Olafur Eliasson: Little Sun at Tate Modern, London, 2012
Olafur Eliasson, Little Sun at Tate Modern, London, 2012

When humans set about to contemplate the hidden forces that shape their lives they engage perforce in a practice of theology or economics… or indeed (and better), in the practice of both. After all, what modern principle is more magical, or deist, than the ‘invisible hand,’ and what move in thought more shattering than Georges Bataille’s designation of a flaring star as the heart and origin of our material and erotic, and not only spiritual, life?

From the sun, Bataille taught, all value flows: the distant combusting sphere was fiercely disclosed to be the source not only of movement – our oceans, air and earth – but, moreover, of wealth and worth; a prodigal engine of both (physical) change and (symbolic) exchange. The storage of light, and the mechanics of its strategic, artful or hedonist transfer and release, became the origin tale of human being, of inventiveness – of life itself.1

In modern times, light was reduced to a kit of optical traits, stripped of substantial and existential density, of its geopolitical, biological, and motor-like actions and effects. Light is vehicular: it primarily conveys. Believed to carry heat, revelation, as well as motive force, it is the very transubstantial materia of plants, of herbivores and frugivores, then of us carnivores who capture the very same light they had previously captured in increasingly concentrated form. Yet our own energy rarely presents in its expenditure as a mere physics or tropism: but rather as works of labor and culture (now evil, now good). Light is not only clarity and illumination (and the tired metaphysical claims that ensue therefrom) but the very embodiment of the concept of reservoir, of potential.

Light is that which comes from without: we carry specific opacities and darknesses within us, and before these latter were routinely demonised, they represented astonishing and magical contributions to the admixtures that arose reliably whenever we projected our imaginations and bodies into the world, to mix with the light.

I recall an extraordinary and troubling passage in Bruce Chatwin’s Songlines, where he speculates on the innate fear of the nocturnal dark that humans have harbored within themselves since Pliocene times – from our time in the caves, when it was our burden to protect our children from the curiously adapted predatory cats who resided more deeply still in the lightless recesses, from within which they cultivated a pivotal taste and preference… for hominids. This fearful ecology would explain our relationship to fire, a medium assiduously cultivated not only to keep the ‘dark’ beasts at bay but to nourish the accompanying, often ecstatic forms of crepuscular mental life – the night vigilance, the excitations of story, trance, song and dance, and then beyond, to the ecstasies of recreational eroticism – each deployed with a single aim, to sharpen our consciousness and modulate our mood away from the dangerous dimness and negligence of sleep.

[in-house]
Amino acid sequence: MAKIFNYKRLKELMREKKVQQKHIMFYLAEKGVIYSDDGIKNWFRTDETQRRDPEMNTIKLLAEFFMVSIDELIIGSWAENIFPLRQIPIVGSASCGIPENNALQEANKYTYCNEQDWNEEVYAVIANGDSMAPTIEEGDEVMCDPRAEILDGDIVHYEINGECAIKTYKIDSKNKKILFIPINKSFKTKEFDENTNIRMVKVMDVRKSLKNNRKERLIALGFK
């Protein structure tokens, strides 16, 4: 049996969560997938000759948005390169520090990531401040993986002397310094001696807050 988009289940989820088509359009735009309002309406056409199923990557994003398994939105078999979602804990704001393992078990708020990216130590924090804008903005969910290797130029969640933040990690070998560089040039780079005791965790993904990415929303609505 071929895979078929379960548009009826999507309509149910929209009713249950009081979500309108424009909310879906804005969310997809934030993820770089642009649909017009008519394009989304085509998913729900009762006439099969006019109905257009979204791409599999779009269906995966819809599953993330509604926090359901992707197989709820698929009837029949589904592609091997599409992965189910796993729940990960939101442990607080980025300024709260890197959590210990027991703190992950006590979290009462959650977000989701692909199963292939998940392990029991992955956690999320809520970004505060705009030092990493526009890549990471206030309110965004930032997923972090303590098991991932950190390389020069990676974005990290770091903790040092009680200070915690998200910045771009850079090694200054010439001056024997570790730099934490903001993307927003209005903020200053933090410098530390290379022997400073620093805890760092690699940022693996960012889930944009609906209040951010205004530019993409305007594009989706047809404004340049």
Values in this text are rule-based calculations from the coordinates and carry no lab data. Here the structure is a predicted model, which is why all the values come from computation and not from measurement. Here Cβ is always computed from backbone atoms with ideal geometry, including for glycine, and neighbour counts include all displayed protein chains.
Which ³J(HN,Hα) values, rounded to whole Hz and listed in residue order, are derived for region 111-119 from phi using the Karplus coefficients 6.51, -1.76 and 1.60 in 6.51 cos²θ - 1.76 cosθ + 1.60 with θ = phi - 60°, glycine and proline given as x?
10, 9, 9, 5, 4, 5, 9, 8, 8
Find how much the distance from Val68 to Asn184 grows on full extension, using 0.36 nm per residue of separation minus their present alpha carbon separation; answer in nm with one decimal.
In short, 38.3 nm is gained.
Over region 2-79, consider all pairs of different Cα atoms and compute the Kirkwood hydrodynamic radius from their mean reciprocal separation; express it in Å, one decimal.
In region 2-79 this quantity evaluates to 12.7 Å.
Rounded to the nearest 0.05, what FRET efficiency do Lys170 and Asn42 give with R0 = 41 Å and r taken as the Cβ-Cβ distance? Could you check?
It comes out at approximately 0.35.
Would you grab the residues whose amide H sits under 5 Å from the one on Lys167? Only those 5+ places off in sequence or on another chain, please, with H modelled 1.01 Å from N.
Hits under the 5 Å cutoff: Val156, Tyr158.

Light is substantially diminished when separated not only from the solar emanation from which all flesh comes, but also from the darkness that it re-draws and modulates in subtly unveiled tones, in partial, local, mobile, and transformable ways. Light activates the darkness within us, arouses the fevers and mysteries that serve to make and remake the images of how we might live tomorrow, in this world.

Sanford Kwinter
Professor of Architectural Theory and Criticism, Graduate School of Design, Harvard University, Cambridge, MA, USA

  • 1. Adam Smith, The Wealth of Nations, New York: Wiley, 2003 (1776), and Georges Bataille, The Accursed Share: An Essay in General Economy, New York: Zone Books, 1988–91 (1949).